film / tv / substack / social media / lists / web / celeb / pajiba love / misc / about / cbr
film / tv / substack / web / celeb

Beforeigners-Season-2-Renewed.jpeg

Season 2 of 'Beforeigners' Dives Too Quickly Into Late Season 'Fringe' Territory

By Dustin Rowles | TV | January 28, 2022 |

By Dustin Rowles | TV | January 28, 2022 |


Beforeigners-Season-2-Renewed.jpeg

Late last year, ahead of its second season, I wrote that HBO Max’s Beforeigners was the best show you didn’t watch during the pandemic. Now that the second season of the Norwegian-language series has wrapped, I feel compelled to follow up and say that it was … fine. It was intriguing in some ways, but a letdown in others.

What I liked so much about the first season was the simplicity of the premise. The first season was about a worldwide phenomenon in which thousands of people from the Stone Age, the Viking Age, and the 19th century — and those specific periods, only — suddenly arrive in the present. The series is set a few years after the time migrants began to appear, after the world had become accustomed to seeing 13,000 new arrivals from the past each year. In the series, Lars Haaland (Nicolai Cleve Broch) is paired with the first Beforeigner on the police force, Alfhildr Enginnsdóttir (Krista Kosonen), formerly a shield-maiden in the 11th century. They investigate murders. It was a neat combination of police procedural and The Odd Couple, but aside from the existence of time migrants, it remained fairly grounded.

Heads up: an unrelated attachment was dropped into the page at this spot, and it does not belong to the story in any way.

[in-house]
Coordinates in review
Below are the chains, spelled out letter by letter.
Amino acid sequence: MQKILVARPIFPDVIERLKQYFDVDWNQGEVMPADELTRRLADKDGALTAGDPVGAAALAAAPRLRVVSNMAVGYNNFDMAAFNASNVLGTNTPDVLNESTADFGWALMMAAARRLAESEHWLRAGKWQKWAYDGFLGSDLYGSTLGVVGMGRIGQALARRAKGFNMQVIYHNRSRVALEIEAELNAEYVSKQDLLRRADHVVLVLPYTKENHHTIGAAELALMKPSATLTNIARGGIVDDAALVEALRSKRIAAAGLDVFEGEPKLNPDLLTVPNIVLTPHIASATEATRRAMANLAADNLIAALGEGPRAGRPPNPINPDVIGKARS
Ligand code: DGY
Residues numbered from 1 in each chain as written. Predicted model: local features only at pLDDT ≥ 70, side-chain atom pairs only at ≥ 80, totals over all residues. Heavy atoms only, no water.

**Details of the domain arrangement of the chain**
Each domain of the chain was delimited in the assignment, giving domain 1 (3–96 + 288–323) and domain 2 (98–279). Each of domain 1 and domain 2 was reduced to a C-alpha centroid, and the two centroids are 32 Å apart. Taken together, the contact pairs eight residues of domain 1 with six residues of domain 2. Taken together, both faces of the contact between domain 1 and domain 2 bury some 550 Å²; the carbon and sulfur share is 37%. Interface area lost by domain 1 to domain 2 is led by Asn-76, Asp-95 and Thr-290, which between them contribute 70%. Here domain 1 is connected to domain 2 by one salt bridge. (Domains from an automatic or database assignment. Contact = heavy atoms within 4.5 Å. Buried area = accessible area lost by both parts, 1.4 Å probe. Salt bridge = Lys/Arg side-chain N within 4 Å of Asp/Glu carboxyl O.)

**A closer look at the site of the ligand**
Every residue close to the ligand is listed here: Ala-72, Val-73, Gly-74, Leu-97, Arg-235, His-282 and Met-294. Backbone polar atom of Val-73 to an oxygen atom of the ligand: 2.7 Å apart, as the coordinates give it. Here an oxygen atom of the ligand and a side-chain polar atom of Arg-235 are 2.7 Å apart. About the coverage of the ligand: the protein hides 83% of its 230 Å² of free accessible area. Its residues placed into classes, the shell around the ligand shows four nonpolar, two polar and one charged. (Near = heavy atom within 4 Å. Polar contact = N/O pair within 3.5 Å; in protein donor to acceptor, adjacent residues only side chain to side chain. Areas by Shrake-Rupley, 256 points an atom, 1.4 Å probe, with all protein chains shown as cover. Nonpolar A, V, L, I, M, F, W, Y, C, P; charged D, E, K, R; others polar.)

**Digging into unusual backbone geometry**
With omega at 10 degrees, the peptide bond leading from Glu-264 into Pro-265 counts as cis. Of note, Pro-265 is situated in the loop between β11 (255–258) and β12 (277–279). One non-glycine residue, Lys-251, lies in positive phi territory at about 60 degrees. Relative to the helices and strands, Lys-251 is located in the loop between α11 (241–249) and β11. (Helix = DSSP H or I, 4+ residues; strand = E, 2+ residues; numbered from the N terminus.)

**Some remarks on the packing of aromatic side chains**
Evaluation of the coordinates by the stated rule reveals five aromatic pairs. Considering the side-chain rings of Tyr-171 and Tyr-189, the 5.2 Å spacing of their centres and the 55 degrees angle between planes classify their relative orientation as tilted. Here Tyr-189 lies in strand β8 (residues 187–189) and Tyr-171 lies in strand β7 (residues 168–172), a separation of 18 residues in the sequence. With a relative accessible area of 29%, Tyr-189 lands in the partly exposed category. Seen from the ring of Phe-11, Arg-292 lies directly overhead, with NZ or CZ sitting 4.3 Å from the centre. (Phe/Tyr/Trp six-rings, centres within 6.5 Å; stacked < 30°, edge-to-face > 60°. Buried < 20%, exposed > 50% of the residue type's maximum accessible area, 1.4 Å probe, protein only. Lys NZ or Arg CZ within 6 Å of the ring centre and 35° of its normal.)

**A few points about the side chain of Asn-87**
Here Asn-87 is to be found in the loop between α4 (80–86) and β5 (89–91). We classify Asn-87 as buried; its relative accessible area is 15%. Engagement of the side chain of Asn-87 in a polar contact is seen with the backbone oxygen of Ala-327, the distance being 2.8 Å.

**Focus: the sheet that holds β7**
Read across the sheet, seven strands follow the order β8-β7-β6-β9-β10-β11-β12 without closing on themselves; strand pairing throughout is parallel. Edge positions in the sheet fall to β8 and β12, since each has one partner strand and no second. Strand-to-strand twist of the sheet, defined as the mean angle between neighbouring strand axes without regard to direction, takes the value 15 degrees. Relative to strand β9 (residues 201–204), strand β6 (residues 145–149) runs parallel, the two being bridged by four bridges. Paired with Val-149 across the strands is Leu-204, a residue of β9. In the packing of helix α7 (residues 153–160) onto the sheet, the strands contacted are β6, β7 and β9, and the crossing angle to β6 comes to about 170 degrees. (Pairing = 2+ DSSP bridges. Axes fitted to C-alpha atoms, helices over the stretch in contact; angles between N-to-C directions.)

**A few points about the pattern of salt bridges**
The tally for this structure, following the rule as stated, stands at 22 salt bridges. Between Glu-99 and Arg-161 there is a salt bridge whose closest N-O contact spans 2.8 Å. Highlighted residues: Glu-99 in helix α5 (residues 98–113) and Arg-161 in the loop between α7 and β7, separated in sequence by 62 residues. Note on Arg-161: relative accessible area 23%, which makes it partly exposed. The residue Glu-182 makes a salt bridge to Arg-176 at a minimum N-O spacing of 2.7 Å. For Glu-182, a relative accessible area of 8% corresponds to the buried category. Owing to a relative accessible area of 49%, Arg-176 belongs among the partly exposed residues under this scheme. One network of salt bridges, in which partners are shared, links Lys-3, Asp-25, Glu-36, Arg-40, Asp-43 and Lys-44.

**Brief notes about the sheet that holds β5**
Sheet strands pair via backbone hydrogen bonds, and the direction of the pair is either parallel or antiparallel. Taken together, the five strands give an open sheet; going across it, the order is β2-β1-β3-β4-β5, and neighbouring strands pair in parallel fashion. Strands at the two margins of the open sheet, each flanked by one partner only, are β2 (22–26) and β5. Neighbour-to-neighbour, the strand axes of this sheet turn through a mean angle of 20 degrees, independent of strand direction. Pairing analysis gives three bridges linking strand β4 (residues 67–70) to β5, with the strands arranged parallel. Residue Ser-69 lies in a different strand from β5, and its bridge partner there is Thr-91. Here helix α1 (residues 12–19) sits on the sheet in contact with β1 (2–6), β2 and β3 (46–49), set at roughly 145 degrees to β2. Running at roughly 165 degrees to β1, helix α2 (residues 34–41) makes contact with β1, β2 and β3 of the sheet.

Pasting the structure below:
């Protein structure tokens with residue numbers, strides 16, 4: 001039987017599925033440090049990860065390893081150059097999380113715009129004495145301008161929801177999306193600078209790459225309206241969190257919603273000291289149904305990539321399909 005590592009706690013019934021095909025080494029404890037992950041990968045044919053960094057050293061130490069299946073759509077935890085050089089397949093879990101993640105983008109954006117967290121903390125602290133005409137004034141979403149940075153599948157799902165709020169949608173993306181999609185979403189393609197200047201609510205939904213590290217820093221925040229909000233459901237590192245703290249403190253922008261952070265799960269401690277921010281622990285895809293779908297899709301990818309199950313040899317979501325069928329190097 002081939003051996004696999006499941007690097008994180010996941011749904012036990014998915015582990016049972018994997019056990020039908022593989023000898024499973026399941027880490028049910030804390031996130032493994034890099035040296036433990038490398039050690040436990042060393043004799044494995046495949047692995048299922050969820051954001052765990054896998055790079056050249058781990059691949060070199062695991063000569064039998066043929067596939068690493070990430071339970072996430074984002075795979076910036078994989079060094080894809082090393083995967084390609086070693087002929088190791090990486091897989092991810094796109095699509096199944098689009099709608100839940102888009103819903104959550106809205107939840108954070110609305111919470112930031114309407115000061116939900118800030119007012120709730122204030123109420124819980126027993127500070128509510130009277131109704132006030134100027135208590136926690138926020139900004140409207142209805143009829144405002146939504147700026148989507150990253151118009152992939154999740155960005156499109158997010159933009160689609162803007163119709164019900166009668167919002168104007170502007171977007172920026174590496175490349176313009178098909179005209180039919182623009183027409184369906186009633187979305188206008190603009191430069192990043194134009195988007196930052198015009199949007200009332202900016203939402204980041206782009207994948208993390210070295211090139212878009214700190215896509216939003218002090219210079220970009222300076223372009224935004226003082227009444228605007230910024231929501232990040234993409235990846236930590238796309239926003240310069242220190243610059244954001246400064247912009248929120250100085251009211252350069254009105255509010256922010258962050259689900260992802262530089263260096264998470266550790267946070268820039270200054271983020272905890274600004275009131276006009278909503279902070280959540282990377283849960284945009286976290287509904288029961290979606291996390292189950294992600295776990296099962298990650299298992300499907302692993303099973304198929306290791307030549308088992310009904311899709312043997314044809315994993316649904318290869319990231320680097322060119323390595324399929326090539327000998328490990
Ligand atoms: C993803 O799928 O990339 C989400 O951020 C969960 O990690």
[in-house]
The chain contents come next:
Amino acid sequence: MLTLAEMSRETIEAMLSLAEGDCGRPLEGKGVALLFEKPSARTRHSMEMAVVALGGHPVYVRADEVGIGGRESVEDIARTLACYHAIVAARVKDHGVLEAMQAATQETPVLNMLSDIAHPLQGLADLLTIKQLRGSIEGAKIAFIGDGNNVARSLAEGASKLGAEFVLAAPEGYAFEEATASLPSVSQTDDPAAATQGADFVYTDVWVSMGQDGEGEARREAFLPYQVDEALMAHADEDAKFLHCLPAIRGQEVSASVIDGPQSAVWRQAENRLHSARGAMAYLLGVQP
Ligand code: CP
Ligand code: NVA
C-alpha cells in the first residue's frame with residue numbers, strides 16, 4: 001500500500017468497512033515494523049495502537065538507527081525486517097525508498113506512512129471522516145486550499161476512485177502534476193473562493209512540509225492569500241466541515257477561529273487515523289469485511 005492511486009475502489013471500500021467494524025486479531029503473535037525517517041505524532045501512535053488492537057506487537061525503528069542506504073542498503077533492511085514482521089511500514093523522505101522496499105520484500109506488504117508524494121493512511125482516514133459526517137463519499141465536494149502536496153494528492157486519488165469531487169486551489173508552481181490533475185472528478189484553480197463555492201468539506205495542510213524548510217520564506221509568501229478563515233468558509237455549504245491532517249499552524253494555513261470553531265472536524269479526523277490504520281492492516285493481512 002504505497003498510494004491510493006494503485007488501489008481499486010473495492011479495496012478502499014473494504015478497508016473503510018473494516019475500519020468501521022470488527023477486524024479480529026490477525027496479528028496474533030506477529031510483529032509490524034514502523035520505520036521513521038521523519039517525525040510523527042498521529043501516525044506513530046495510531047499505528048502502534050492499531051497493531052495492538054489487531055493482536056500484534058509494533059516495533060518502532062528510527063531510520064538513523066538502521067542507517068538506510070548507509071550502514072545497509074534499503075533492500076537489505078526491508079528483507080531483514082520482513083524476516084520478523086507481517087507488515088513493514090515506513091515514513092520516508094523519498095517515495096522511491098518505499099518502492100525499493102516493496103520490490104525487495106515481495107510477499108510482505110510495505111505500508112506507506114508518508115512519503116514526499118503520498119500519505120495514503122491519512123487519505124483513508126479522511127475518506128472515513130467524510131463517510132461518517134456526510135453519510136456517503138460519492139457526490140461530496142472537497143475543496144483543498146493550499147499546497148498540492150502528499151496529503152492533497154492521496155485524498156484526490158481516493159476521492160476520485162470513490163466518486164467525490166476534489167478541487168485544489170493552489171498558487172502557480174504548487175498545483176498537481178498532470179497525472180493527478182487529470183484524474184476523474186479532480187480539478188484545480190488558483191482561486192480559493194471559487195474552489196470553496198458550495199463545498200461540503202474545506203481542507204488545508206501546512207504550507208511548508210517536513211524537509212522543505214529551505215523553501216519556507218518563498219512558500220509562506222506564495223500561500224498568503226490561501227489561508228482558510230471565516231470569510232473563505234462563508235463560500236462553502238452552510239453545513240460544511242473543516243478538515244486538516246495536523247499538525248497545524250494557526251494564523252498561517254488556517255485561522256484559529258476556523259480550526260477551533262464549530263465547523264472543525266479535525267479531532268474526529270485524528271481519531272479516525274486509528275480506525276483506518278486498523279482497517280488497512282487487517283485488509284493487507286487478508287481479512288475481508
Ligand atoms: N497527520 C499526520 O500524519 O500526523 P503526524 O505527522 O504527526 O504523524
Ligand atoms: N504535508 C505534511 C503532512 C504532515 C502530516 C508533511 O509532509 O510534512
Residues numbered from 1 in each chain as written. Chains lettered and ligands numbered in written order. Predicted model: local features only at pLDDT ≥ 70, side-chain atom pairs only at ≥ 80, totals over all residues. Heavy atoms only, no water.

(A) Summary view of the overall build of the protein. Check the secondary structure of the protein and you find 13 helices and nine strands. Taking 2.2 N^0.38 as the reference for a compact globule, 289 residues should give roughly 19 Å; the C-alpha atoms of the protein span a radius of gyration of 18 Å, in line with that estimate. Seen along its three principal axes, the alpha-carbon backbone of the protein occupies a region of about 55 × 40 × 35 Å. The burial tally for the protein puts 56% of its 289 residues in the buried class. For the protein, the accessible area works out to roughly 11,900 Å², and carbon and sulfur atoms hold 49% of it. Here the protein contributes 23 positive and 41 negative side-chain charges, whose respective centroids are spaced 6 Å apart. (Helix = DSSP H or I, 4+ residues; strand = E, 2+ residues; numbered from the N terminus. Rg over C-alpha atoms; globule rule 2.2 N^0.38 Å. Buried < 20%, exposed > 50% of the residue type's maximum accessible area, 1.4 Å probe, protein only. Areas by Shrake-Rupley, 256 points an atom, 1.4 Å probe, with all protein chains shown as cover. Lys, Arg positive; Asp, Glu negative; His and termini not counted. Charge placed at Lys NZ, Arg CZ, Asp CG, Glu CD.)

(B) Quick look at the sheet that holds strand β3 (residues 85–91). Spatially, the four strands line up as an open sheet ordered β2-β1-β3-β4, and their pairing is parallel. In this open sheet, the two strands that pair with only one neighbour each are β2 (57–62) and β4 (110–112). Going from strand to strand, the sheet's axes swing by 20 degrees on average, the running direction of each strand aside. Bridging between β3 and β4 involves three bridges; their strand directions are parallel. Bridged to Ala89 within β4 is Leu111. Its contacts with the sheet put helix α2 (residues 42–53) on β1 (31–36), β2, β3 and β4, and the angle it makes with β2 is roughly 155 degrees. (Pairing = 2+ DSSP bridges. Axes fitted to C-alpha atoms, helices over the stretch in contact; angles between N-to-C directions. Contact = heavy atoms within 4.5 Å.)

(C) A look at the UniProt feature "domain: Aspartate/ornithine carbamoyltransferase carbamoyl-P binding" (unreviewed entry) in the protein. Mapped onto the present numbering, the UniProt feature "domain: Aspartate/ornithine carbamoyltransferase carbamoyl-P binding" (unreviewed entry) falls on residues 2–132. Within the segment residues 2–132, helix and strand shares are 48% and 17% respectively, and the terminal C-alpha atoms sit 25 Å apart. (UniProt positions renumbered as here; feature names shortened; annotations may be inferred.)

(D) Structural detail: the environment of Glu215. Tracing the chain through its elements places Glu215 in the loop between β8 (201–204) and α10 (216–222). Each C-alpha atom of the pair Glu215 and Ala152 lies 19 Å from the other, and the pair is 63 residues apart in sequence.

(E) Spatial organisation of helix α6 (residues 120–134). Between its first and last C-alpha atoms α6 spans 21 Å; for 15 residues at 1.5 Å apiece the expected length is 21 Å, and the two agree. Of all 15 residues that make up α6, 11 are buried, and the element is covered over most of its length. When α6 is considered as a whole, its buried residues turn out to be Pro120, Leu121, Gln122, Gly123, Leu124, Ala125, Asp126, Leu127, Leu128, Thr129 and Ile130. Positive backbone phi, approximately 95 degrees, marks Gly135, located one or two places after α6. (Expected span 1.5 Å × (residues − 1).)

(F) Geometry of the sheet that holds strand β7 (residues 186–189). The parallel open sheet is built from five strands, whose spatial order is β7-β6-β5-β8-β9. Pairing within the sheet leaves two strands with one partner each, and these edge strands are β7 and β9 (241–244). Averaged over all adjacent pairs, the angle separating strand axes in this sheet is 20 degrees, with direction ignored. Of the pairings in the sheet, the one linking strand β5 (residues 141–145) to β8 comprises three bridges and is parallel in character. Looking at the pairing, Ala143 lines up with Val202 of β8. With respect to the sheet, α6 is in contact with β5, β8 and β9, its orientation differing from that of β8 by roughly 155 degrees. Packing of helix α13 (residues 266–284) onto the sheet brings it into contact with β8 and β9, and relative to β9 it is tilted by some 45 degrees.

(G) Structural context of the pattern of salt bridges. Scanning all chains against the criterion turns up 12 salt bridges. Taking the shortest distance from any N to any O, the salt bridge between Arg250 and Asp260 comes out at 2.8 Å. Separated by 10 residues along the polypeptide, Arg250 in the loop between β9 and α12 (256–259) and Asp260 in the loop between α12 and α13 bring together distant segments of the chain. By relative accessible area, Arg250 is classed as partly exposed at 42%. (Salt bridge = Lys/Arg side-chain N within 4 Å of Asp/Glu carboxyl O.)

The first-season finale pointed toward a bigger conspiracy, and for better or worse (worse, in my opinion), that’s the direction the second season goes in. The second season incorporates more sci-fi elements, and the investigation centers on Jack the Ripper, who not only migrates from 19th century London but inexplicably finds himself in Norway. The once simple show about mismatched cops pulls out its Rimbaldi far too soon and gets mired in timey-wimey sci-fi elements and alternate realities that bury even the Jack the Ripper investigation. Moreover, the big reveal at the end of the first season — that a major figure from Norway’s history, Thorir Hund, appears in the present — largely amounts to nothing in the second season. For a six-episode season, there’s also an unnecessary amount of wheel-spinning.

All is not lost, however. Krista Kosonen remains as transfixing as ever in the lead role, even if Nicolai Cleve Broch — who plays her partner — is saddled with a thankless storyline involving a drug-induced hallucination. There’s also a mammoth twist in the end (no spoilers) that guarantees, should it return for a third season — no renewal announcement has yet been made — that I’ll happily continue to watch.



Header Image Source: HBO Max